Ashlee Seldomridge and her research advisor, Paul Chantler, Ph.D., assistant professor in the WVU School of Medicine’s Department of Exercise Physiology and the clinical research director for the Center for Cardiovascular and Respiratory Sciences, have earned the honor of participating in the 20th annual Posters on the Hill event, a selective poster session sponsored by the Council on Undergraduate Research (CUR), based in Washington, D.C.
“Research has taught me at least three things,” Seldomridge, a West Virginia University Exercise Physiology major and Honors College student, said. “It has allowed me to have hands-on experience with research design, it has taught me how dynamic the field of science is and that what we read in textbooks and learn in lecture stems from research itself, and it has showed me how to communicate ideas in a technical manner. Specifically, I learned how to intellectually bounce ideas off of fellow students, and present my findings in front of a larger audience.”
Seldomridge’s winning submission, “Detrimental Changes in Perivascular Adipose Tissue Gene Expression in metabolic syndrome Recovered with Exercise Training,” was one of only 60 projects chosen from several hundred highly competitive applications from undergraduate students at colleges and universities nationwide for this year’s undergraduate research showcase.
“I am excited to represent West Virginia University at Posters on the Hill this spring and to get to present to members of Congress and congressional aides, advocating for undergraduate research,” Seldomridge said. “I have always wanted to be involved in research. My main interest is in medicine, and research provides the hard science underlying any medical advances.”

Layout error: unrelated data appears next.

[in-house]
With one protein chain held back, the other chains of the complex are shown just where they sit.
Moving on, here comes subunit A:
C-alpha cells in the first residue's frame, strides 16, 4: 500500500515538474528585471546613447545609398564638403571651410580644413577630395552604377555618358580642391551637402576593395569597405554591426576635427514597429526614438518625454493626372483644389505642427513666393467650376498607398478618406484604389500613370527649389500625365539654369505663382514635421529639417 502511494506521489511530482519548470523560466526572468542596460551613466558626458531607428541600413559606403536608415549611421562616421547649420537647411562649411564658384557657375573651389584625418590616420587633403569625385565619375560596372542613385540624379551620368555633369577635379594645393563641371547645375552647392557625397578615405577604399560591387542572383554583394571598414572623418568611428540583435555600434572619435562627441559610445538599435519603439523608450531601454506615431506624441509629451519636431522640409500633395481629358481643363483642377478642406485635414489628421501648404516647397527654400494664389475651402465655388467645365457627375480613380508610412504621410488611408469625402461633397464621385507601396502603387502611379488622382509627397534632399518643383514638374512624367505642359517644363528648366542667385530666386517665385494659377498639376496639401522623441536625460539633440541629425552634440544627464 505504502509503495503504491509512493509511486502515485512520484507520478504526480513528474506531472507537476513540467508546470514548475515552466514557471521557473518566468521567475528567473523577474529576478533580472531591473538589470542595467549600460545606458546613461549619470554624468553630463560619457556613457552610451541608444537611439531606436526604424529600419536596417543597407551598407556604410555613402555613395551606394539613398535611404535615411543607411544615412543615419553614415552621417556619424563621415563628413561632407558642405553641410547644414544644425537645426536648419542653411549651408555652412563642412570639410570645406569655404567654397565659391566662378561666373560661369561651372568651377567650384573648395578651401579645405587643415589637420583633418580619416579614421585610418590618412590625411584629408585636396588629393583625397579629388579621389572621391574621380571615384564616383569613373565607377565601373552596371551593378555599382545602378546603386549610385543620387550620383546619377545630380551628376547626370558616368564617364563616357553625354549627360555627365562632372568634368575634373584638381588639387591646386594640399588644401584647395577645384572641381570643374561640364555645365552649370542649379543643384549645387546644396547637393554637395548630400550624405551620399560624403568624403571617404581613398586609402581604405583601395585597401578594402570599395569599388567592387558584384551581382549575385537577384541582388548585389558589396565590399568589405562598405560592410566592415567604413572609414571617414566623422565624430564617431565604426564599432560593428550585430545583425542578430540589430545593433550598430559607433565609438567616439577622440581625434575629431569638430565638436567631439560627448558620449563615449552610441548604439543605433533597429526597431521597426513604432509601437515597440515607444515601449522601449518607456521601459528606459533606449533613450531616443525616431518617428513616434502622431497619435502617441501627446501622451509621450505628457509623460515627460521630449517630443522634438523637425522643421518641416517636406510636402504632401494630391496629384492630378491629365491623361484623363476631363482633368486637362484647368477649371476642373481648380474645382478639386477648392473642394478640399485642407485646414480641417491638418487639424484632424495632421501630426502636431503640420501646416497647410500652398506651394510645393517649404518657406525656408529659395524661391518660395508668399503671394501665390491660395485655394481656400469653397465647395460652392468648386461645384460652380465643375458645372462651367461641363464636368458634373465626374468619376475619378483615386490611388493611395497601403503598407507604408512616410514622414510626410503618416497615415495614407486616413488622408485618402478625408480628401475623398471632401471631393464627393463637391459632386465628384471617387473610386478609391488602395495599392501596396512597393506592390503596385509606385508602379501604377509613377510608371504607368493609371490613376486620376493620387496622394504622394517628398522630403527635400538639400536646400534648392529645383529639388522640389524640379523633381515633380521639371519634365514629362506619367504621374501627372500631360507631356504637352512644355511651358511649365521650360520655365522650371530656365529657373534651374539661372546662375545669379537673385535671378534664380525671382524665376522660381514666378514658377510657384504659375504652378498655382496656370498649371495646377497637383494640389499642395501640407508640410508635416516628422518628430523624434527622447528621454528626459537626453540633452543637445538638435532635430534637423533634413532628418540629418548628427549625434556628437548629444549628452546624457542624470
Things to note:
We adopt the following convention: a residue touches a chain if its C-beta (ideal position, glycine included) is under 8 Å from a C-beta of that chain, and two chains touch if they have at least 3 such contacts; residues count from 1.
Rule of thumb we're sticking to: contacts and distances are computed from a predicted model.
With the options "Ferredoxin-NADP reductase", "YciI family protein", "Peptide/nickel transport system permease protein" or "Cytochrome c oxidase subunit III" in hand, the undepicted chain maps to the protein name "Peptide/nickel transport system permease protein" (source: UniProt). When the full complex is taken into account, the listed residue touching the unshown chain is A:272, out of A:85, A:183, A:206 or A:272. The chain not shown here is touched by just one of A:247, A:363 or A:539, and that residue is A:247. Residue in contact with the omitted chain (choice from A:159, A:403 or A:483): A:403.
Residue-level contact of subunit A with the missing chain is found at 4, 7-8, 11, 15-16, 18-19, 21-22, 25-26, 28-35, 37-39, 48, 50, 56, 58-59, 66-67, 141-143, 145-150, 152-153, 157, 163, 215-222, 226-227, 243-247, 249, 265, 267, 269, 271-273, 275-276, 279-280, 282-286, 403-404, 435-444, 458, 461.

The annual two-day event, held April 19-20, affords an elite group of students the opportunity to share their undergraduate research with members of Congress, congressional staff, federal government officials, academics and other researchers. CUR’s annual Posters on the Hill event is an important opportunity for lawmakers to see how federal programs and dollars impact students and faculty, and to learn about the value of undergraduate research. WVU Honors College and the Office of Undergraduate Research are facilitating participation in this event.
“Our lab examines the effects of exercise on cardiac and arterial function in individuals with Metabolic syndrome,” Seldomridge said. “Metabolic syndrome is a classification of risk factors, including obesity and high cholesterol that significantly increases the chance of developing cardiovascular disease, and that disease is fatal.”
Specifically, Ashlee works to understand the regulation of reactive substances that alter arterial, or blood vessel, function. She measures the protein release from the fat tissue surrounding the aorta, called perivascular adipose tissue. Dr. Chantler’s lab believes that this fat tissue causes harmful effects on vessels in obese people. Researchers there also want to examine how the protein release changes after exercise.
“Ashlee’s work in the lab, along with her colleague, Evan DeVallance, has provided important insights on how the metabolic syndrome alters the signals coming from the perivascular fat, and how exercise training can rescue this perivascular fat signal,” Dr. Chantler said. “The presentation of her undergraduate research to members of congress is an important step as we need to train our undergraduates to be our new future leaders in science, medicine and research and to continue the fight to limit the burden of cardiovascular disease on society.”
Numerous hours volunteering eventually led to an internship and a highly competitive fellowship in Dr. Chantler’s lab. Ashlee chose to work with Dr. Chantler because she believes the research occurring in his lab will make an impact on West Virginia, as the number of cases of diabetes and metabolic syndrome are increasing at historic levels.
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